Flexi Desking Kerfuffles…

Today’s significant adventure at work was the move to get everyone to flexi-desk.

I recall a few years back that it was impossible to obtain permission to work from home.  It was treated with suspicion, colleagues would glare at your audacity for even asking and there was always some snide comment from someone, “sure, yeah right – you’re “working” from hoooome” accompanied with a sly wink.

Today they couldn’t get rid of us fast enough.  They may as well have thrown the laptops, backpacks and locker keys towards our direction and just yelled out, “Hurry up! What are you still doing here? Go. Go! GO!” and then scooted us out the door with an eye roll and a head shake.

My packed up desk. I’m ready to flexi-desk somewhere which has a harbour view possibly?

The attitude change to flexi-desking in such a short time astounds me.

I’m no stranger to it but in all honesty I was initially hesitant about it as I had a negative experience of it some years back. One employer at the time had placed restrictions on where you could flexi-desk.  In particularly, they had zoned off an area of our floor and it meant that our team had a selection of desks to choose from.  It was “Musical Chairs”. If you happened to come in late and saw that there were no desks in that section, you may as well have gone home. It was all downhill from there.

To top it off, management didn’t properly explain the reason for flexi-desking instead saying that it “increased collaboration” but when I questioned I was just collaborating with my own team around the same desks every day, I was considered a bit of a trouble maker for speaking against it.  Also, it didn’t help that I was having back problems at the time and lugging equipment back and forth to a desk that was missing keyboards, mouse, phones or left in a disgusting state by the previous occupier, I was not a convert to flexi-desking.  In fact, I wrote about it here on my  personal blog site Ramblings back in April 2011, “The Futility of Flexi Desking”.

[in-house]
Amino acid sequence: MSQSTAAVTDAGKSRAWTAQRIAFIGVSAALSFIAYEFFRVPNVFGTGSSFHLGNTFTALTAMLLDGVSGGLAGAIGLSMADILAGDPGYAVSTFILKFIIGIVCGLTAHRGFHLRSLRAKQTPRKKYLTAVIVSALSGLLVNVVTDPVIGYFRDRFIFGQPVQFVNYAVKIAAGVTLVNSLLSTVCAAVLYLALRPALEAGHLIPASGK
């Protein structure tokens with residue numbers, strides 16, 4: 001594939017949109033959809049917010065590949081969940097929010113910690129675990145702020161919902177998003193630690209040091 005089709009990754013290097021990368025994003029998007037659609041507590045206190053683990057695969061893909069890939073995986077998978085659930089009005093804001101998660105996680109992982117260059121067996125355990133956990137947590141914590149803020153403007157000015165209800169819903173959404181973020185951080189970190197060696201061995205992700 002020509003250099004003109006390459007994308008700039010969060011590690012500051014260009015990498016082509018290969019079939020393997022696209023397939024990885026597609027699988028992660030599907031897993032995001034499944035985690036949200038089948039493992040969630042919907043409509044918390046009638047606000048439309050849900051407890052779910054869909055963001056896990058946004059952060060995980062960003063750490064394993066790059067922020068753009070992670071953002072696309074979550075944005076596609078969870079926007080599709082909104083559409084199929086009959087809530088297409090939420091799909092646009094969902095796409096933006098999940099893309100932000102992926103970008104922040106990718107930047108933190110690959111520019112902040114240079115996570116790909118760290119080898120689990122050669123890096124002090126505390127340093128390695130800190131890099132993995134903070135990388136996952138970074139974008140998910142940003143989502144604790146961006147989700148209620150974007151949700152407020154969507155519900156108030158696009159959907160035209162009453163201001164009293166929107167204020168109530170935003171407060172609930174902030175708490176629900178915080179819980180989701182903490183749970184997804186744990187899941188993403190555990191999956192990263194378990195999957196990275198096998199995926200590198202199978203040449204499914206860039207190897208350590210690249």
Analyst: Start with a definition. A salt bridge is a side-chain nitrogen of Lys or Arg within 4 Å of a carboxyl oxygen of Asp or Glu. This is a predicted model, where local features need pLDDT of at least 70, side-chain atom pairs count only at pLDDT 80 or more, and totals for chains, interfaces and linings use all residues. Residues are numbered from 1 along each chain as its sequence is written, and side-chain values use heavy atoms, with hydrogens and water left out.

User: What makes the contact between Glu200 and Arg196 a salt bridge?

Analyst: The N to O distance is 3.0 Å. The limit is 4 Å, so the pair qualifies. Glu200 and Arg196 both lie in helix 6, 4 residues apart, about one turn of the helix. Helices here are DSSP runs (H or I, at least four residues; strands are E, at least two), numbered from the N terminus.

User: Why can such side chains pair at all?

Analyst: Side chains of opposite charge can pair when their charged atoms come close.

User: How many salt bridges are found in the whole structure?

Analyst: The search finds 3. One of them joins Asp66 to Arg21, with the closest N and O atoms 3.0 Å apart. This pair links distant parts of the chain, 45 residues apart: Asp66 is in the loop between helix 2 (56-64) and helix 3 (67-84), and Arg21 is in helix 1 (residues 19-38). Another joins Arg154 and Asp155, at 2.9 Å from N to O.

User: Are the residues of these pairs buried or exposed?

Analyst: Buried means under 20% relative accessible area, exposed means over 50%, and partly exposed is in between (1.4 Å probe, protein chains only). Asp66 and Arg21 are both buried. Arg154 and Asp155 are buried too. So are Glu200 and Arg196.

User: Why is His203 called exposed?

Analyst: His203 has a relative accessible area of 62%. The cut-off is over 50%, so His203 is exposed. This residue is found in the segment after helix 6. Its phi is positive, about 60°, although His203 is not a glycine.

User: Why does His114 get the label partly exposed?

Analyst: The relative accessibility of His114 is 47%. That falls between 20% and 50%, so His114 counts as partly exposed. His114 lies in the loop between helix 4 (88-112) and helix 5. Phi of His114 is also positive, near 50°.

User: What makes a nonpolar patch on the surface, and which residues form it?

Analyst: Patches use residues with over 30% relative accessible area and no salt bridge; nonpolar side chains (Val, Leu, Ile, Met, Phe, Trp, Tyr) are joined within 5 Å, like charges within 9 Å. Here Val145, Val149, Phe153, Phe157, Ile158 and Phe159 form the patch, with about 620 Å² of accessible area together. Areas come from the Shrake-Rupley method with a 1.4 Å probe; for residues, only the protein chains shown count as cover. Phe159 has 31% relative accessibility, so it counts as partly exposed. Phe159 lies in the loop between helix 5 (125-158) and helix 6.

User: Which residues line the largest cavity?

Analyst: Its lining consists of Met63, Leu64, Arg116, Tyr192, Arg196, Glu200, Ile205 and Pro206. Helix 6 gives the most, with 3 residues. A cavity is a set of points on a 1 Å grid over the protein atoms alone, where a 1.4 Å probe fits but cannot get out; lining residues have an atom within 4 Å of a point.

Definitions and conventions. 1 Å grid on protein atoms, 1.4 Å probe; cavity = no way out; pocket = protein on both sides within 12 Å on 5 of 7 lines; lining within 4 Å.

Another employer made us take photographs of our home study office and used that as a basis of whether they would agree for us to work from home AND we had to prove we did work by showing them what we completed or achieved on that day.

This time around it’s different.

I had always maintained honesty and openness in communication and I respect management who just says it as it is. This time they said straight out, “it costs us money to keep your desk; expect that there will be reduced availability to desks.”  No ifs or buts.  Straight up and down the line. I respect that. I know where I stand.

Okay, I don’t know where I stand when it comes to who pays for my Internet access at home accessing the workplace remotely; the effect on Occupational Health and Safety issues (am I entitled to medical care when I accidentally hit my coccyx when my wheeled chair slips from underneath me on my slippery hardwood floors at home? Or if I’m paddling about in my fluffy socks at home and slip during working hours?) or let’s not even question the Work Life Balance because frankly, with flexi-desking – there is none as I’ll be at work 24/7. 

But aside from those three uncertainties, let’s just say I’m okay with flexi-desking for now because we get the choice of where we can do it in fact, they openly encourage us to go to different sites, buildings and floors in the spirit of networking and collaboration.  I’m all for this because I instantly know where the best harbour views are – so that’s where I’ll be.  I’m also thinking about going to one of the sites closer to home so that I can get a greater appreciation of the business in the ‘burbs – and the challenges they face.

Who knows what may come of it – maybe a new contract perhaps?

I’m already thinking of where I would like to flexi-desk and I’m thinking about environments that will inspire me or ones where I can learn a new part of the business and meet some new faces.

Something with a water view or hanging around creative arty types who have large Apple Macs so that we can look at each other’s work with curiosity and hopefully learn from each other.

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About Activate Learning Solutions

Helen Blunden is the founder of Activate Learning Solutions and Third Place. She has over 20 years of experience within learning and development across private, public and not-for-profit organisations. With a specialty in performance consulting and networked learning, Helen believes that workplace learning is integral to business success. She has a passion for enabling people to learn beyond the classroom and believes in the power of networks and communities to drive collaboration and meaning within the organisation. From facilitator-led instruction, online and blended, Helen deploys social and informal learning such as enterprise social networking, collaboration tools and emerging technologies that have been proven successful and embedded workplace change.
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